Step inside the mind of a thief in old world London. Know him through his intrigues, desires and regrets. A very good read.
Peter Carey turns into Charles Dickens in this very entertaining book. A good introduction to the author, whose other works have stylistic and plot artifices that might put off readers who were not comfortable with his writing. This books rolls along, misunderstanding piling upon misunderstanding, to a twisted and climatic ending
I've had this book on my shelves for close to ten years. I know I originally acquired this because it is on the list of "1001 books you must read before you die." To me, the books on this list are kind of hit and miss but this one was well worth reading.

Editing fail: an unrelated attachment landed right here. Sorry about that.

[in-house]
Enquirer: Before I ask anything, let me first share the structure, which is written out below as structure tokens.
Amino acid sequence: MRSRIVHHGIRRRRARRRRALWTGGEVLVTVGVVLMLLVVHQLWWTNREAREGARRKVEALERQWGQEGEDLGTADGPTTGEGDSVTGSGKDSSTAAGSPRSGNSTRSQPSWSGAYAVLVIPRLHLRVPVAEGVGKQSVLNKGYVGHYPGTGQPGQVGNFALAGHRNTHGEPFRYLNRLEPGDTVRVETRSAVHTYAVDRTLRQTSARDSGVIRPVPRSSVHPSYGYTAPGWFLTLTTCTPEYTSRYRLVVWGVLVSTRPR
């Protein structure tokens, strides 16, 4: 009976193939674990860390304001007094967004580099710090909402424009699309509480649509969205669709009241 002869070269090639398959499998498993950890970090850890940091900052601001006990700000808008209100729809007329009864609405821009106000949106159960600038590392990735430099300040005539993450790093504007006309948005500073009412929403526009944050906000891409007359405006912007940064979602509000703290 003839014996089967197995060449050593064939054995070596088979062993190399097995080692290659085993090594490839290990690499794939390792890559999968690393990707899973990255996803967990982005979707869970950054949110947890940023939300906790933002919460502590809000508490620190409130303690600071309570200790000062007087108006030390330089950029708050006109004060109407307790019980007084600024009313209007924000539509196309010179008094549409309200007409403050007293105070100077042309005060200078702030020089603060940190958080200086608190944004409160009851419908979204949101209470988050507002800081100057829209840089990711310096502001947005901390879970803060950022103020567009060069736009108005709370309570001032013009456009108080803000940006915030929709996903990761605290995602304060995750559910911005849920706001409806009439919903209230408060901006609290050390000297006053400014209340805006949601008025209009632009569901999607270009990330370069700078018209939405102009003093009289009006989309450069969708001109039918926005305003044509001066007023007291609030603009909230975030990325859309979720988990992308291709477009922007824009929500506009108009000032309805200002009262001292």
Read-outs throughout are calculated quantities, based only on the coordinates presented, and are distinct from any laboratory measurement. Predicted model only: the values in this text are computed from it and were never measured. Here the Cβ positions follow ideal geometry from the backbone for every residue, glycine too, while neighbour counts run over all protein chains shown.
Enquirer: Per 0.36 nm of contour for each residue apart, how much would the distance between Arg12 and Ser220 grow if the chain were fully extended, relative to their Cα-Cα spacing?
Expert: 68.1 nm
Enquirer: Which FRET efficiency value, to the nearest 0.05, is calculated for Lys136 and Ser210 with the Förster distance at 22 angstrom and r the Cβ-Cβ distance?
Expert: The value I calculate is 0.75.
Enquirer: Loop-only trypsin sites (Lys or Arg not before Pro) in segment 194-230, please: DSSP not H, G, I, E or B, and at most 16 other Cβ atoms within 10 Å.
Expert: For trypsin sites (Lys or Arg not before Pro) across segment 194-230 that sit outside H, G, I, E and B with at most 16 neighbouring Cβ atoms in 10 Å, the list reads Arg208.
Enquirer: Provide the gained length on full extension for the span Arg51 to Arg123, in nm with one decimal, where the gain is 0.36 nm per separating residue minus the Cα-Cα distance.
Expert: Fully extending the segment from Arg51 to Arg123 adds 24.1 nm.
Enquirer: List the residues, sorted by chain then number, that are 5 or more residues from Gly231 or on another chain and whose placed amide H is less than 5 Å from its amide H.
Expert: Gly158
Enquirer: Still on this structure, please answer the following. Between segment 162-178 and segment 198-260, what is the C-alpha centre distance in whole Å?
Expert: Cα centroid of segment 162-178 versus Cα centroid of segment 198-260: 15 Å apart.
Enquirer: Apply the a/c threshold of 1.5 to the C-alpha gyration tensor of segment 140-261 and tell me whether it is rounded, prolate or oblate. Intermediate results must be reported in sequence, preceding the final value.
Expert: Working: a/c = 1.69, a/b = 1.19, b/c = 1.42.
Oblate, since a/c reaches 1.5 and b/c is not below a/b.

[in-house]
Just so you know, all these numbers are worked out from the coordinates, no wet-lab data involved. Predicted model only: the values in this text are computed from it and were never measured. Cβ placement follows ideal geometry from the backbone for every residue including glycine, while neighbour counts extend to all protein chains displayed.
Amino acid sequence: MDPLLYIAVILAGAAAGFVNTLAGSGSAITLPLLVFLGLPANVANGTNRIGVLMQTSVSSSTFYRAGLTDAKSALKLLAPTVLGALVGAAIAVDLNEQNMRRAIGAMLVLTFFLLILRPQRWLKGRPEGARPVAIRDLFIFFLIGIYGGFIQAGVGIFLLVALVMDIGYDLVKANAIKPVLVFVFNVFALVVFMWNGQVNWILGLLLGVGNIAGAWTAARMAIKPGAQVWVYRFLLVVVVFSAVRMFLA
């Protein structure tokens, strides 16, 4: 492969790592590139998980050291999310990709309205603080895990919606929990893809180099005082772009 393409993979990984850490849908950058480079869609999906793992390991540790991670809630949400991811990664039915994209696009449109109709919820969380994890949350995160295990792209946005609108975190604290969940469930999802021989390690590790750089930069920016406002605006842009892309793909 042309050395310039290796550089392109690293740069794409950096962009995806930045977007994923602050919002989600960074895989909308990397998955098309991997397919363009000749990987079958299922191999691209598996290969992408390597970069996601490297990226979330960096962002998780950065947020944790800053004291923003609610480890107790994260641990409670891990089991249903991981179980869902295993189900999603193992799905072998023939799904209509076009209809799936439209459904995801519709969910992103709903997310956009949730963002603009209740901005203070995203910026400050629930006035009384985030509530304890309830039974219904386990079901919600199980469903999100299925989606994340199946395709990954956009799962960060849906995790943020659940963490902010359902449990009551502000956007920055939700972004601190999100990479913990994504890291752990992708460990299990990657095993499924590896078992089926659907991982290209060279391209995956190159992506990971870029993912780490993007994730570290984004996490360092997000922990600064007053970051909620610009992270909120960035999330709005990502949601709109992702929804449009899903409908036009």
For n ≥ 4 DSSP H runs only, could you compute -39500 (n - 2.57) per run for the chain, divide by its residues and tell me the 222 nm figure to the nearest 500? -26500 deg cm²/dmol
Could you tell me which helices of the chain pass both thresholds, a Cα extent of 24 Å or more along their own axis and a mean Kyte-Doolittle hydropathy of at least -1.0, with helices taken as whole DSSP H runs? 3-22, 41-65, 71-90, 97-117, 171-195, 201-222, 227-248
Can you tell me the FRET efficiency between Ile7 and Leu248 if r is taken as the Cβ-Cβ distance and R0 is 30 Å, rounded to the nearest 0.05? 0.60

It is basically a reworking of Dickens' Great Expectations from the point of view of the convict, Jack Maggs (Magwitch). Maggs has returned illegally from his exile in Australia to seek out the young man who did him a favor just before Maggs was transported to Australia. Maggs has become the boy's benefactor but the boy, Henry Phipps (Pip), has not reciprocated Maggs' generosity. Maggs ends up working as a footman in a household where he meets a struggling writer Tobias Oates (Dickens). Oates is proficient at somnambulism and is able to find out about Maggs' background while he is mesmerized and intends to use Maggs story as the basis for a novel. The plot has many twists and turns with many well-drawn characters. The story deals with many things that Dickens could not have portrayed in his novels including sexual passion, homosexuality, prostitution, and abortion. There are powerful scenes of how Maggs was forced into thievery at a young age including being forced down a chimney to open the door to the thieves. There are lots of twists and depictions of the poor and downtrodden, violence, secrets, joy and loss. Overall, I would definitely recommend this reworking of a Dickens classic. It was easy to read and very enjoyable.